Easter is an interesting time of the year. Of course, friends and neighbors have been involved in Lent for a few weeks now. I’ve covered a story on Ukrainian Egg decorating—a rather impressive and fancy process. My husband came home from church with a palm branch (the cats play with it). But, I have to admit, the most impressive 2013 Easter happening, for me so far, is reading a book by Marcus Borg. Not really thinking about Easter, I checked out the book, Reading the Bible Again for the First Time (published in 2001) and began reading with the hopes it would keep my attention. It did.
Although I’ve never heard of the man before, Marcus Borg apparently is well known in both academic and church circles as a Bible and Jesus scholar. Moreover, his vocabulary is bigger than mine, but I hung in there and kept reading his book. I’m sure I didn’t catch the full meaning of his “metaphorical historical approach to interpretation,” but I did catch enough. Borg points out the difference between a metaphorical and a literal interpretation, and his reasoning is sound.
A literal interpretation would render the resurrection as an event that occurred only once. Whereas, a metaphorical interpretation can admit an ongoing resurrection. It reminds me of the definition for resurrection as found in a revision of Mary Baker Eddy’s Science and Health, “Resurrection: Spiritualization of thought; a new and higher idea of immortality or spiritual existence; material belief yielding to spiritual understanding.” This can happen right now.
Literal interpretations lead to exclusivity and contradiction. Literalists serve a convention or culture, whereas, Borg points out, we can rather be liberated to be God’s image. Our salvation doesn’t come through rituals, syllables, or words, but by letting go of an old way of being, and embracing a new way of being.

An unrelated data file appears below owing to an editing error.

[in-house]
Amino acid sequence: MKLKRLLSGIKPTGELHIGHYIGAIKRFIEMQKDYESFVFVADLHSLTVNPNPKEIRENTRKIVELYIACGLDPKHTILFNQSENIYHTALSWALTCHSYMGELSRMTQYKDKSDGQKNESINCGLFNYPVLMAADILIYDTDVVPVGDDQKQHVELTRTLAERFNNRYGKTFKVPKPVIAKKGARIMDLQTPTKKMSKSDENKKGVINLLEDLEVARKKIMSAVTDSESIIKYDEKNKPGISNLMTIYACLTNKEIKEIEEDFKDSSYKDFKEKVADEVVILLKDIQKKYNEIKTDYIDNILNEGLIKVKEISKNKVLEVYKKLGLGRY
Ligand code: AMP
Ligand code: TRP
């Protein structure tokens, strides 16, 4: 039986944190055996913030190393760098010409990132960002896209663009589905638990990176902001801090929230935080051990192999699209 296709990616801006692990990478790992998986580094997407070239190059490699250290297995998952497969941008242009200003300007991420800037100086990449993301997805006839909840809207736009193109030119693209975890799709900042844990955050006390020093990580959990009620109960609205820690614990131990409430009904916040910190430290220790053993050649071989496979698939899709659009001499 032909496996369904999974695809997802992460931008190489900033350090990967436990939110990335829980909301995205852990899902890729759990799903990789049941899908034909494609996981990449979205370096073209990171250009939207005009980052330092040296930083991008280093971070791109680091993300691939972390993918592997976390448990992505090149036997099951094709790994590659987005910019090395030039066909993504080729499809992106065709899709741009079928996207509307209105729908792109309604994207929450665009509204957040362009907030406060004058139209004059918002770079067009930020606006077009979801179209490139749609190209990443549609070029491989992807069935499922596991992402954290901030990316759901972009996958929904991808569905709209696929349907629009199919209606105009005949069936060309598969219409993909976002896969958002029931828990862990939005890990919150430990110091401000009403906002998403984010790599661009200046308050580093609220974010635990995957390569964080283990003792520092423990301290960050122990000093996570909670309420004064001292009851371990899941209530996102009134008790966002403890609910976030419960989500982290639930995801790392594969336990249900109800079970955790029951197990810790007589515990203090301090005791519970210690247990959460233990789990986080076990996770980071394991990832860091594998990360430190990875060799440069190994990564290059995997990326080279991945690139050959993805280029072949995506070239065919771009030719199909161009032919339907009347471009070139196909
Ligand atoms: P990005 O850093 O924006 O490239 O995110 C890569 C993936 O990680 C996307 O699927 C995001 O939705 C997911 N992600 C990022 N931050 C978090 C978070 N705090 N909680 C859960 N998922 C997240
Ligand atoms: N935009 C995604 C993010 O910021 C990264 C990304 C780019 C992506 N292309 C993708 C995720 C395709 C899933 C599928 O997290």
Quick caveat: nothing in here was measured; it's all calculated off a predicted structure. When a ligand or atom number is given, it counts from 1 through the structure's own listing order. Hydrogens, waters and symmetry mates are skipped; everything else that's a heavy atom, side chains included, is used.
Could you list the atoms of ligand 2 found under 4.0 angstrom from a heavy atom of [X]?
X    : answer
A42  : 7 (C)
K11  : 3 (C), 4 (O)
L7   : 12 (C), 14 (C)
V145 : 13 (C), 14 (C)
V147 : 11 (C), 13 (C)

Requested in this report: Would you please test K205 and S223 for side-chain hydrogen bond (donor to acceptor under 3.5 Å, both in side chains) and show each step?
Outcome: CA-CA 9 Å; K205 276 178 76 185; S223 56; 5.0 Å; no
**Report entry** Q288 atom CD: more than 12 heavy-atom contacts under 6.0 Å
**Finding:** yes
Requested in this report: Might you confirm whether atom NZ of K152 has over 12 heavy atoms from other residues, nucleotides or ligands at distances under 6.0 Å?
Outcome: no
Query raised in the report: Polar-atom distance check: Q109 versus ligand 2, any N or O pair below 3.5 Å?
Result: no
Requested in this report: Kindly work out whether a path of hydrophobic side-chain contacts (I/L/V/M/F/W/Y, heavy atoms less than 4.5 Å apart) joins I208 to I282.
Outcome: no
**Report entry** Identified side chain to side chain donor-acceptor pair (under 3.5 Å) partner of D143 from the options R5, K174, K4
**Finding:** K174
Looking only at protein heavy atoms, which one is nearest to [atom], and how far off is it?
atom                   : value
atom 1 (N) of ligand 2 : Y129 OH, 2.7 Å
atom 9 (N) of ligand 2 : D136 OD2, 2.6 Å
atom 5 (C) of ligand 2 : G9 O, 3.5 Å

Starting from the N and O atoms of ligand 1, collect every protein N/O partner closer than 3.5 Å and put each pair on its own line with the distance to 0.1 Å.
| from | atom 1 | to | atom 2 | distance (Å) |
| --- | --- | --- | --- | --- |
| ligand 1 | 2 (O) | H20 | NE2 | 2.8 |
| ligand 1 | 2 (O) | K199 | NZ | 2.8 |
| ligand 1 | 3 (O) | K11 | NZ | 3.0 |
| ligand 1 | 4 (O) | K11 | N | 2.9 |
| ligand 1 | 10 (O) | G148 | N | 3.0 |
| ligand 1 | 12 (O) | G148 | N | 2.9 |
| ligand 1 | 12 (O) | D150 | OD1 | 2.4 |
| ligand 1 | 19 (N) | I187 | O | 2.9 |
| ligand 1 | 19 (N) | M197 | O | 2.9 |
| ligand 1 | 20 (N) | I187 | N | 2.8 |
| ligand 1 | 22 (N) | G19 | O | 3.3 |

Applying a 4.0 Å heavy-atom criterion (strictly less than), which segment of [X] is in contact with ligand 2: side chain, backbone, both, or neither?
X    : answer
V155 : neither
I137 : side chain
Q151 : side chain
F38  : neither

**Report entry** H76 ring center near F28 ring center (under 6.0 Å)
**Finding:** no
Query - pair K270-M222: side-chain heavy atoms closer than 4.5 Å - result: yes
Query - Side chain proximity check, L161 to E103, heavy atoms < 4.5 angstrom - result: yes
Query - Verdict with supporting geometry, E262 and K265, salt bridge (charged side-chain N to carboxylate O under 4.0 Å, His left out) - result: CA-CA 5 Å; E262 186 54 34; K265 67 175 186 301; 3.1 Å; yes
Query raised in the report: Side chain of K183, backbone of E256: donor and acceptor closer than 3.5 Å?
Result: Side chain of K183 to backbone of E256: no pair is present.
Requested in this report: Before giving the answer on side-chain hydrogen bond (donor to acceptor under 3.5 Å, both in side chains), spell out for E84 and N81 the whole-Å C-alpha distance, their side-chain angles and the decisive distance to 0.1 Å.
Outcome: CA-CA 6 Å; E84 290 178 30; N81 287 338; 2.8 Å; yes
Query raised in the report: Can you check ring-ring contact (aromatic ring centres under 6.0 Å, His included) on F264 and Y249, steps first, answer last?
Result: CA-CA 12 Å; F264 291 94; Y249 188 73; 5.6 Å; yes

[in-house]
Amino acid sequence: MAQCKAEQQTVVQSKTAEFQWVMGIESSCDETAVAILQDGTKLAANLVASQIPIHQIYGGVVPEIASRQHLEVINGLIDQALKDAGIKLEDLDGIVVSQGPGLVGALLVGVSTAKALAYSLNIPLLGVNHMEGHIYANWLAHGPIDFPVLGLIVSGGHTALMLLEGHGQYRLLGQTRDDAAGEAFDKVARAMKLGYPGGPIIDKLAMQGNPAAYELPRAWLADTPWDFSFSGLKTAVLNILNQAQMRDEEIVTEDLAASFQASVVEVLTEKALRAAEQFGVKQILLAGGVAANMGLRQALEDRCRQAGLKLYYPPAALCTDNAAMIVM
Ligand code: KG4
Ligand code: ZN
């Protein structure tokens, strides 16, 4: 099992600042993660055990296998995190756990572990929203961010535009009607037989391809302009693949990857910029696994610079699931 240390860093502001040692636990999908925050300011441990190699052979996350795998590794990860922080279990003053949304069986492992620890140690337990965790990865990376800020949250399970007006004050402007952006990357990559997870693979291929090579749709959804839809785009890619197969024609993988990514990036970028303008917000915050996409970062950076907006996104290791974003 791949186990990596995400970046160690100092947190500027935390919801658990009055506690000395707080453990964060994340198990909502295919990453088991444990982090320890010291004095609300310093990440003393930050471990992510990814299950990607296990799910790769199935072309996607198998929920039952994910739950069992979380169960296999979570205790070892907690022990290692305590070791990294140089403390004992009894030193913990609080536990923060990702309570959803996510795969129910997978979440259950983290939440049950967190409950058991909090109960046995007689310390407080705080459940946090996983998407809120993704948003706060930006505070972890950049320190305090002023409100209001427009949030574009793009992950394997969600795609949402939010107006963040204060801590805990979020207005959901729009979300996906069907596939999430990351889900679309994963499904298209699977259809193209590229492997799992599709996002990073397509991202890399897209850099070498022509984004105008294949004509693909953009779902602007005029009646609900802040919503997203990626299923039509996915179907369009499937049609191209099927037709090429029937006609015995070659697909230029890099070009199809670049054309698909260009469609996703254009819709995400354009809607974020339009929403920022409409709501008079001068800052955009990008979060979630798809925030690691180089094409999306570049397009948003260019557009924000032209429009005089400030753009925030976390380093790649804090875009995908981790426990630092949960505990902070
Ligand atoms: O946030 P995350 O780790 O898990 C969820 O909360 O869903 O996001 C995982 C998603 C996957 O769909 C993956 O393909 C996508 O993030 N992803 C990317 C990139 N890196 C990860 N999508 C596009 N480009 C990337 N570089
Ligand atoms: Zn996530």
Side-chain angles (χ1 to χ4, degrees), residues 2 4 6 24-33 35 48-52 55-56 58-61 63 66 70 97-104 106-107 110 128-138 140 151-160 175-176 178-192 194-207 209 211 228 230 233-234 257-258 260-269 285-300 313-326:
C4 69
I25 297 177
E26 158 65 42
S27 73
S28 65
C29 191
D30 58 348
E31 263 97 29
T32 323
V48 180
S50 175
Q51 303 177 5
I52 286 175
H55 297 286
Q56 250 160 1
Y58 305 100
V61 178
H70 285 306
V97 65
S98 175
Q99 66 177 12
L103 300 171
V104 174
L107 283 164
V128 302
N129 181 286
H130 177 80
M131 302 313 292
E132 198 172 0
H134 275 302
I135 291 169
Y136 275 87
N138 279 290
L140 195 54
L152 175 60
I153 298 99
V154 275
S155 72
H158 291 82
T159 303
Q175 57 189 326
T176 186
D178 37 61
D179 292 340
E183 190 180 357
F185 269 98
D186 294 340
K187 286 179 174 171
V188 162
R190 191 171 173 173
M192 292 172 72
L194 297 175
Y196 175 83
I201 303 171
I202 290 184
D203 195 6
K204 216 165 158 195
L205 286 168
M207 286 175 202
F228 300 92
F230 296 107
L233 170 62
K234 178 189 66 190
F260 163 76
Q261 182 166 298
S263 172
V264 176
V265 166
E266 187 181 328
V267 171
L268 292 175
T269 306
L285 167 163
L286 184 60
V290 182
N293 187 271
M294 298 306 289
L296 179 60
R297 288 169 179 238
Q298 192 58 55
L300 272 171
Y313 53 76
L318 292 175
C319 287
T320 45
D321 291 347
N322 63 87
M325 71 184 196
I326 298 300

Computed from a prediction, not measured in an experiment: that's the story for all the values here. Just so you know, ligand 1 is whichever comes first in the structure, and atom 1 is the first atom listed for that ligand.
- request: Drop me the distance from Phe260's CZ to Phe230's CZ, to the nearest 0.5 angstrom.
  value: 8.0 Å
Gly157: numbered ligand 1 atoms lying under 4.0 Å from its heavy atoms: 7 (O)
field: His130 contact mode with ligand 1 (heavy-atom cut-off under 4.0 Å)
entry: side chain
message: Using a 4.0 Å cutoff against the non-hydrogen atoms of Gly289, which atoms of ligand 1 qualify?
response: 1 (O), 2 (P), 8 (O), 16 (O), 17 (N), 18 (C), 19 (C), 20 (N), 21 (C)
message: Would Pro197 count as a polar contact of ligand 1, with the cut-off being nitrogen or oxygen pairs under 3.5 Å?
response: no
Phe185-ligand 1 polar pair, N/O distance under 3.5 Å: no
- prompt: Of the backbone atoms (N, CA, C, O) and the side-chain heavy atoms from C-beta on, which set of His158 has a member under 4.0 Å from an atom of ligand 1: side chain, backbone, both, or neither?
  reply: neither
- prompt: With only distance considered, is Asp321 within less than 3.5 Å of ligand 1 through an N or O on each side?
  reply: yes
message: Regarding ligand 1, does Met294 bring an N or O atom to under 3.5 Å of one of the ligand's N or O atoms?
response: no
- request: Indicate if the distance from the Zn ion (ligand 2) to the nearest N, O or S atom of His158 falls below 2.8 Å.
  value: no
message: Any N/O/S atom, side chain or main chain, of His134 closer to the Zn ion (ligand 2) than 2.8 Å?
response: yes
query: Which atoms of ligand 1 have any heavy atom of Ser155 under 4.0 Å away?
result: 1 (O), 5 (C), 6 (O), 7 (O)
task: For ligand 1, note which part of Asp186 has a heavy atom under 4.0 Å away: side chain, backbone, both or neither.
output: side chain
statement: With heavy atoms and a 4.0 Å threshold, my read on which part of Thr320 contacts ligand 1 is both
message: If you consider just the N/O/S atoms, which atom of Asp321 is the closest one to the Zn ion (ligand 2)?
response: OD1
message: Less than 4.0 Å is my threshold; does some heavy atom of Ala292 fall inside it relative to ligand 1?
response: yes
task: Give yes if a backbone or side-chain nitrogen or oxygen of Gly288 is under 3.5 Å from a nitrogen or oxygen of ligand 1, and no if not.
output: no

The old way of being is to insist human words are infallible or inerrant. The fact is: reading is an interpretation. Borg says, “There is no such thing as non-interpretive reading.” Readers are using their own discerning judgment when reading. But the meaning of anything sacred can “go beyond particular meanings of the texts in their ancient contexts.”
We have revisions of the Bible to show its surplus of meaning, and allow it full voice. The Bible is a lens through which we see God, but we need to remember, not to believe in the lens, but to believe in God.
Believing in God is not hard for me. Reading Marcus Borg’s book reaffirmed that I don’t need to believe in the Bible, or some other religious book, but can focus on believing God. This affirmation, I’d have to say, was a great Easter gift.